2. Nice post, Caroline! Sad to say I have done many of those things. You know, I got salmonella poisoning 9 weeks after coming back from India! I wasn’t sick the whole time I was in India, except 1.5 days when I had a little cold/flu. I never had delhi belly, but I came back here and got sick as a dog for 3 days and had to go to the emergency room. That was a month ago and I’m still recovering!

    Fortunately, getting on the mat on a somewhat regular basis does help a lot, so at least there is a cure. But the best cure may be going back to Mysore … 🙂

  3. Thank you lovely girls for your comments, you made me feel a little less alone! I’m so sorry to hear you have been sick Jami! Sounds horrific. My ongoing delhi belly seems mild in comparison, I have started to look upon it as my daily reminder of India. And yes the ‘Mysore cure’… or is it searching for a cure from Mysore??

  4. Hi Caroline, I can definitely relate to this post. Pleased to hear you have a job, I hope it’s one you enjoy. Getting back on the mat after Mysore is hard, especially when it has to be fitted around life and responsibilities,not to mention sub zero temps in the mornings after the nights before, of indulging in all you no longer need to crave and can now have and then have some more. Though suspect your cravings were different to mine 🙂

    I hope Mysore was as good for you as it was for me, though I suspect like me you are thinking about how and when you can go back. Mysore was my catalyst to change many facets of my life, my job, my relationship to others,my health and for the most part it’s worked.

    The fun is when you turn up to class as I did last Friday at TY and see someone on the mat in front who you last saw at Santosha the day you left. Mysore vet’s, there are people you can talk to who know both about Ashtanga and India and whose eyes don’t glaze over after 2 minutes.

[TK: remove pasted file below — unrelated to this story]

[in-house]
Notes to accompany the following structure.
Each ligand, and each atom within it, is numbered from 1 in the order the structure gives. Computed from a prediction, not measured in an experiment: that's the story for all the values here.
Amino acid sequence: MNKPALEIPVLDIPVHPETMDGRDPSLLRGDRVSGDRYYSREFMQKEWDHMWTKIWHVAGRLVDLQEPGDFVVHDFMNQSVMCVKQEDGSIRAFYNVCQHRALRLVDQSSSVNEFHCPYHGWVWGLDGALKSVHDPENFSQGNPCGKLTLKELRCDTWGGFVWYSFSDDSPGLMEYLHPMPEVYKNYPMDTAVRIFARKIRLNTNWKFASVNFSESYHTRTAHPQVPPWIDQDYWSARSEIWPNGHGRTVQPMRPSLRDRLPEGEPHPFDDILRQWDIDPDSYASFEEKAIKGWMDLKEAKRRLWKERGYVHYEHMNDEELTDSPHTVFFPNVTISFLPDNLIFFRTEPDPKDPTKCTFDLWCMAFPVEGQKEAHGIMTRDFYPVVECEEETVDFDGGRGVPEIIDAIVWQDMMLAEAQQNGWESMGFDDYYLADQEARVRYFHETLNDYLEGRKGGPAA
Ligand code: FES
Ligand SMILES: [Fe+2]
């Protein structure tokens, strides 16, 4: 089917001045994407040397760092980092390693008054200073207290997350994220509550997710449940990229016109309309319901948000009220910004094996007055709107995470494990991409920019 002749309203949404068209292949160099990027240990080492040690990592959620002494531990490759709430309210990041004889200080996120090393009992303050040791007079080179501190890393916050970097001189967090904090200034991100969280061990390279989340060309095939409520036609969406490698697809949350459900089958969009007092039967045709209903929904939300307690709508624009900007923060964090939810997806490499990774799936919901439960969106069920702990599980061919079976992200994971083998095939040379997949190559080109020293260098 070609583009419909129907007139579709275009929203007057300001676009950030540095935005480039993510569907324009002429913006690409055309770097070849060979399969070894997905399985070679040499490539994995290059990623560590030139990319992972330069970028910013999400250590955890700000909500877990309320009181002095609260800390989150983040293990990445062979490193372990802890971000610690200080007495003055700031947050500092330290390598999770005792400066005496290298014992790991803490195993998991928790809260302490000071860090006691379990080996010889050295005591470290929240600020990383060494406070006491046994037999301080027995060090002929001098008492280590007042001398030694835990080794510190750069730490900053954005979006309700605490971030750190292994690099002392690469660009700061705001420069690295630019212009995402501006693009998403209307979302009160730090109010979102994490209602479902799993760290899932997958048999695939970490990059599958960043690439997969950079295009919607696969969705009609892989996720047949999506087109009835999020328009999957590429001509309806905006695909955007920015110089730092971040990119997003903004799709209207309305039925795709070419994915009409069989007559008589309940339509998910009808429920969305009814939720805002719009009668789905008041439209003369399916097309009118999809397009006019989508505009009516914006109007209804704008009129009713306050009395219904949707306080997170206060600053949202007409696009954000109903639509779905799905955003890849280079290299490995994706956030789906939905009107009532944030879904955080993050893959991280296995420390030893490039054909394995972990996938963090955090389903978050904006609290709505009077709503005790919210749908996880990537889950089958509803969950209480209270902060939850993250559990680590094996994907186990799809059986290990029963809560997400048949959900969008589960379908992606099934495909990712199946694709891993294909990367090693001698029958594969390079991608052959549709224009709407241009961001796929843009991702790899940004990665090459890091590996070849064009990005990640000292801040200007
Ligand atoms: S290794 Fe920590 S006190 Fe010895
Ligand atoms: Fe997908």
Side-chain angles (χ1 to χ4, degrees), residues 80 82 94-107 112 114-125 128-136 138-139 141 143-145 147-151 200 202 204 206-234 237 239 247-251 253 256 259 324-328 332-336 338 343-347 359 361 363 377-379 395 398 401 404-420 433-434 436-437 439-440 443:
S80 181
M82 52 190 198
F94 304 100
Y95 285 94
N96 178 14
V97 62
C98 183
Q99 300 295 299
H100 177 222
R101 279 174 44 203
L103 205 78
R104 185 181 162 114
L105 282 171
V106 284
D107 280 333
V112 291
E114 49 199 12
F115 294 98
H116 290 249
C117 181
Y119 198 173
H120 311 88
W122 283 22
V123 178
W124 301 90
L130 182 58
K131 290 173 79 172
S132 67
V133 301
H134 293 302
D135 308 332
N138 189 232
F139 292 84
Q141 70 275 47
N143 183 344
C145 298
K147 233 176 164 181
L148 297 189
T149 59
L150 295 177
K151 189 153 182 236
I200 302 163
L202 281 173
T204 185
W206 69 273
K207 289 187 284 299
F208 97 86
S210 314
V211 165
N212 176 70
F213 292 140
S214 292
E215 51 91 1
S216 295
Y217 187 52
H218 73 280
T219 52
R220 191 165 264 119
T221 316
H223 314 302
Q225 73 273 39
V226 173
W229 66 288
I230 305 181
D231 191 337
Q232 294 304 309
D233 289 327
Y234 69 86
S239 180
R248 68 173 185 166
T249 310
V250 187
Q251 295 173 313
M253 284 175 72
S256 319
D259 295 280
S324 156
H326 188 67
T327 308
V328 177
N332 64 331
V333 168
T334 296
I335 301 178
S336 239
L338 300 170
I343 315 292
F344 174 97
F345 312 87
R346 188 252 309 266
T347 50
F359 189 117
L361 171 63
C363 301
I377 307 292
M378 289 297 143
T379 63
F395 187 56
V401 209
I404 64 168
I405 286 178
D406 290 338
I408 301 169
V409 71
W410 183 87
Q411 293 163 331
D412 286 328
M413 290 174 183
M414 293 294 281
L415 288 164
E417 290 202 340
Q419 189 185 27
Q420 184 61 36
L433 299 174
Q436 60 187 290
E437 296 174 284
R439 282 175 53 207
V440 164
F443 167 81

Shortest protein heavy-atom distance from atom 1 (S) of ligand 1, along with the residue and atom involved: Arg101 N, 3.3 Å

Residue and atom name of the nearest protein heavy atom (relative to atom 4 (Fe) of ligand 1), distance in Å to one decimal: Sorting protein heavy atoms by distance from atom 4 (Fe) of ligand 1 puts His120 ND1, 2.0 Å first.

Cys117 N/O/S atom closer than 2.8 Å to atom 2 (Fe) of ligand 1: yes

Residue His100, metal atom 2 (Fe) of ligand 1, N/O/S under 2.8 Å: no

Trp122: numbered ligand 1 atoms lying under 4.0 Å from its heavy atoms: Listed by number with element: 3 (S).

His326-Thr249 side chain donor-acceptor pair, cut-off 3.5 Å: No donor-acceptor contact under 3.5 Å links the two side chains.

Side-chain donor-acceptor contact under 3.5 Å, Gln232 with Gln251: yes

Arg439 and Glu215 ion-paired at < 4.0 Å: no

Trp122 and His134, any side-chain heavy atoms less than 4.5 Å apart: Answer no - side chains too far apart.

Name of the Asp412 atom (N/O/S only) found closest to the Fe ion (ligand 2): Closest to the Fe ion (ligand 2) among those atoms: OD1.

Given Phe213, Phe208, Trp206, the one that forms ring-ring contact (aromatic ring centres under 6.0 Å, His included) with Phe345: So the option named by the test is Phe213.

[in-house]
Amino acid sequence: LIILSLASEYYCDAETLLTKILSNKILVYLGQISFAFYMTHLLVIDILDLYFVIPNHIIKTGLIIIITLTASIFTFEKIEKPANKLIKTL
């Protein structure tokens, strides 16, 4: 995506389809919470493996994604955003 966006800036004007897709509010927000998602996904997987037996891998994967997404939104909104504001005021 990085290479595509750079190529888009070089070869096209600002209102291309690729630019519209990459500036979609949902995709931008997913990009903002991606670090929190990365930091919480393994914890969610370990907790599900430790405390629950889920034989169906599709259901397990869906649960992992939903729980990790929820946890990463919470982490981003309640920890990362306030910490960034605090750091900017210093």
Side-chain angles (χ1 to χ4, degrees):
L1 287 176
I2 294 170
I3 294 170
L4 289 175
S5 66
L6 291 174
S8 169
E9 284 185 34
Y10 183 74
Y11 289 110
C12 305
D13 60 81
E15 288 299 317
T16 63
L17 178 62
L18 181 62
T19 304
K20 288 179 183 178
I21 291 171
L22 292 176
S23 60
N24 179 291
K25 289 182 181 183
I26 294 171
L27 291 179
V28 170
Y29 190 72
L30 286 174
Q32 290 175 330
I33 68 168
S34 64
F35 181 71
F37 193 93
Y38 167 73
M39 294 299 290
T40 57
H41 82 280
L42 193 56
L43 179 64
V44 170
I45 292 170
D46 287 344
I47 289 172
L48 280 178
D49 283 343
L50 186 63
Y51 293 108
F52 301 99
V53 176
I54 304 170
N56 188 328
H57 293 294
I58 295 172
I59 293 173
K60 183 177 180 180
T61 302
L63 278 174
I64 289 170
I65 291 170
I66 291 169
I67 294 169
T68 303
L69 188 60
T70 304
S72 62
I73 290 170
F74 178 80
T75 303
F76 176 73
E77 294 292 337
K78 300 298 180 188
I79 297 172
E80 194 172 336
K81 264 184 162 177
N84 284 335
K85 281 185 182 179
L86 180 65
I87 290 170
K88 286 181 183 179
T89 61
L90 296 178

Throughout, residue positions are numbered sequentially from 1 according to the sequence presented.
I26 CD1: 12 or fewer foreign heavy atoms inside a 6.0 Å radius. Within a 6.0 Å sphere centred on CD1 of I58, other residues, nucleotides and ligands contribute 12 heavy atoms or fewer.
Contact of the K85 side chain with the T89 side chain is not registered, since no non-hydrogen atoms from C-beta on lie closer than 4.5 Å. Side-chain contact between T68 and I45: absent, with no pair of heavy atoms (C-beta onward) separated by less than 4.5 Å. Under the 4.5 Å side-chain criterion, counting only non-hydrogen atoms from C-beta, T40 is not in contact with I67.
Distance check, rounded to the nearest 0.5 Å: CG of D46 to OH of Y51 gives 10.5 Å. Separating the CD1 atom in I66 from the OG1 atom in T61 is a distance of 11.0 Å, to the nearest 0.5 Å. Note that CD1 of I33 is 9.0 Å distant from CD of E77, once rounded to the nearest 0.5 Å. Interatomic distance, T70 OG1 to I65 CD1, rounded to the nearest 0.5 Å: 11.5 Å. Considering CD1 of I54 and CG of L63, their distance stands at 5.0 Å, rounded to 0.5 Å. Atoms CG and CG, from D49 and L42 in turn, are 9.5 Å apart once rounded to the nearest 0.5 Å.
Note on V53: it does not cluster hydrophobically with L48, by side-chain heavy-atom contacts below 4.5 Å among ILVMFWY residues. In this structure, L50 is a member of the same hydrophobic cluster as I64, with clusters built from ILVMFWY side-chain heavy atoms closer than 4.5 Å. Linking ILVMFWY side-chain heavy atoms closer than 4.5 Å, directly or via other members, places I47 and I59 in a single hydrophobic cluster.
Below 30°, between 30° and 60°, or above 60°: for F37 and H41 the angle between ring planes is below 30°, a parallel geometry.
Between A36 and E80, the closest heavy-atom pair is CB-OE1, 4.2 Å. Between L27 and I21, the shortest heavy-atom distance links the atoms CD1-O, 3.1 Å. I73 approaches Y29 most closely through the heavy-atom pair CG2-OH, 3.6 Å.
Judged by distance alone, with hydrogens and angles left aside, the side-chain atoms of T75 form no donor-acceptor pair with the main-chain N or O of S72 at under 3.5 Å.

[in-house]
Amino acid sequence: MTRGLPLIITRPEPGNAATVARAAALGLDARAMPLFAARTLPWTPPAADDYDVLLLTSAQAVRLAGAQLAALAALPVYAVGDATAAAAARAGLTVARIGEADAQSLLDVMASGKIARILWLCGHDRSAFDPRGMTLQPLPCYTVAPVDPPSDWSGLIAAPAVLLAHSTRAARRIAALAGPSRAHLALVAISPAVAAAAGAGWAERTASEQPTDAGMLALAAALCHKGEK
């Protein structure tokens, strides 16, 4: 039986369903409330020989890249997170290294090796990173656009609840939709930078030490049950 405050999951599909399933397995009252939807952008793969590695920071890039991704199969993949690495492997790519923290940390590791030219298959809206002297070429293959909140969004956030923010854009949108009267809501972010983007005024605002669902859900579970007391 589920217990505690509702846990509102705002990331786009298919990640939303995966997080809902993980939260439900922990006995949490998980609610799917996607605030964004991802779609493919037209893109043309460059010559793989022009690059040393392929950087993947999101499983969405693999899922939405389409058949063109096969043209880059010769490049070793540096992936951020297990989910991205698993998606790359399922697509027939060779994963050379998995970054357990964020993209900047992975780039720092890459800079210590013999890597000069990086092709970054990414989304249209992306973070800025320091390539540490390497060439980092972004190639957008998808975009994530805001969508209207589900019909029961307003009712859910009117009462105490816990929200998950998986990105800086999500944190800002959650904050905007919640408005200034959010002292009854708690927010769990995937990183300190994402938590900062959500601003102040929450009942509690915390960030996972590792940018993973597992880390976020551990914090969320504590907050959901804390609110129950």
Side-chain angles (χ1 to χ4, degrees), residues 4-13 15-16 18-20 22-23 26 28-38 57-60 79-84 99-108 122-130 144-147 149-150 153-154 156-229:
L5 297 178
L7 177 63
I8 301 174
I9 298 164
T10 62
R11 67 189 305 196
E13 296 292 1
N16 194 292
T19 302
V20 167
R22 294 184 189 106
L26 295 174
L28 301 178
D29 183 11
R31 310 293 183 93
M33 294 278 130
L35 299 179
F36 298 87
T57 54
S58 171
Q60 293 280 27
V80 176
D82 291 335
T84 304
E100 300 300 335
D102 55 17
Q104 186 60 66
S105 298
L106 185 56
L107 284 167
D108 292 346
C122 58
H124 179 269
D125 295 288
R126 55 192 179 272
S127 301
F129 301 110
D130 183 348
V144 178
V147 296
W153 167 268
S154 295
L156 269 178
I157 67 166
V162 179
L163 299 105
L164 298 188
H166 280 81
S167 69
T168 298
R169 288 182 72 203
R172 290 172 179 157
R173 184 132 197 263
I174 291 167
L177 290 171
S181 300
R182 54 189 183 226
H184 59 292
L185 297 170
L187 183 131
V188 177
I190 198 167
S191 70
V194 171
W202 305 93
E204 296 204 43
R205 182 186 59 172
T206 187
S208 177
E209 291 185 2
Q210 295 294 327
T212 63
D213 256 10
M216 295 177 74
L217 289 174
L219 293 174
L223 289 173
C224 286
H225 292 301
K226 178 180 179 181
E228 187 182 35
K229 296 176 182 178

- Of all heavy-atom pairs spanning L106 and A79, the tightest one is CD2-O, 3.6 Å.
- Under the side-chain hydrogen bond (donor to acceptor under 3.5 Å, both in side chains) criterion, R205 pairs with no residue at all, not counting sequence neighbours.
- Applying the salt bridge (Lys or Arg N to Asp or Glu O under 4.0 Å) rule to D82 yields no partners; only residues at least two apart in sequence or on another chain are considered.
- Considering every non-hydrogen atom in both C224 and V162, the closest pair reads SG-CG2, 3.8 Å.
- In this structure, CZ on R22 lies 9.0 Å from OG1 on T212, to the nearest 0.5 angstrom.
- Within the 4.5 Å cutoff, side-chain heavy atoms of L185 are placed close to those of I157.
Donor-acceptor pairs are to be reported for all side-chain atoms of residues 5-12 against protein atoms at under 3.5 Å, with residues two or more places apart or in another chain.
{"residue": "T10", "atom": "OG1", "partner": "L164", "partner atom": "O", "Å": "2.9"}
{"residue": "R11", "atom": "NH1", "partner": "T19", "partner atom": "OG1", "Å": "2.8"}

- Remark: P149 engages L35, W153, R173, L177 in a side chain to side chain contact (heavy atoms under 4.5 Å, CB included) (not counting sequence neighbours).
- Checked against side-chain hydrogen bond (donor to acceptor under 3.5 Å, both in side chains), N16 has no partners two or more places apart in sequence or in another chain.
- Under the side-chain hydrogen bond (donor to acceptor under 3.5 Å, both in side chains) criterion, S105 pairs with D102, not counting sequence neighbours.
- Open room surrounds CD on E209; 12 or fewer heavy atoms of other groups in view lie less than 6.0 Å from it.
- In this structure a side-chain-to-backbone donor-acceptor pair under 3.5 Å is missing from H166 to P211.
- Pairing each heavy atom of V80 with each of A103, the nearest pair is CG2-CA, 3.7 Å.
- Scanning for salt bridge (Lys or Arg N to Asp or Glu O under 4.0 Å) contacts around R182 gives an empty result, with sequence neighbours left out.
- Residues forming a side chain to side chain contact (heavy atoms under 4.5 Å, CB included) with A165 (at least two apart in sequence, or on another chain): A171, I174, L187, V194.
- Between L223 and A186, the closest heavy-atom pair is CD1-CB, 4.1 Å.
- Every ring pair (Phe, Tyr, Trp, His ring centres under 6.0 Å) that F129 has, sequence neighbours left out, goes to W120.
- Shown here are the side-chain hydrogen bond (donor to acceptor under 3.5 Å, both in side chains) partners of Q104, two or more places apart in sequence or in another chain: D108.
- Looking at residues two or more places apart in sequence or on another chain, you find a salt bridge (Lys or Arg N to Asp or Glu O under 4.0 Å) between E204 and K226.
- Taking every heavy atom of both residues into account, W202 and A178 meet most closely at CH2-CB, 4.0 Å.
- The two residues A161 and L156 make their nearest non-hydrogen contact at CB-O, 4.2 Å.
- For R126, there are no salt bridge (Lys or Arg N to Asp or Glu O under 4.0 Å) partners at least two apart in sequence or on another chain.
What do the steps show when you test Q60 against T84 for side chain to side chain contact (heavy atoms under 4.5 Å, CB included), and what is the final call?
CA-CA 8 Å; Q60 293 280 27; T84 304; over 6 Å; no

5. Thanks Kevin for your lovely comments! Yes it has been a struggle and I am glad I wrote the post now as a healthy reminder that I am not the only one! Mysore has definitely brought about many changes – mostly good – and yes I am thinking how and when I can go back to Mysore as the realities of a job and London and tube commuting etc begin to set in.

    And as I am set on getting back on the mat I hope to be practising around London – maybe see you at YP or AYL one weekend? 🙂

    1. Alas I can’t see another trip to Mysore in the next couple of years at least, no way could I get a month off,let alone three. My new Co is very small, just 4 of us + the Boss, but a much less stressed environment and the bonus of a walk to work instead of the commute.

      I will be at The Lifecentre on Saturday (hopefully strained back permitting) and at YP this Sunday, then AYL the following Sunday, so let me know if you will be around, you can join us for Yogi breakfast. Pret or Gallery Cafe may not quite be Anokhi garden, but the Pain au Chocolat are not bad!

  6. Great, be good to see you. YP is 8-10am, Cary is a brilliant Teacher.
    I’m staying in the city Saturday night after running Globetrotters in the afternoon.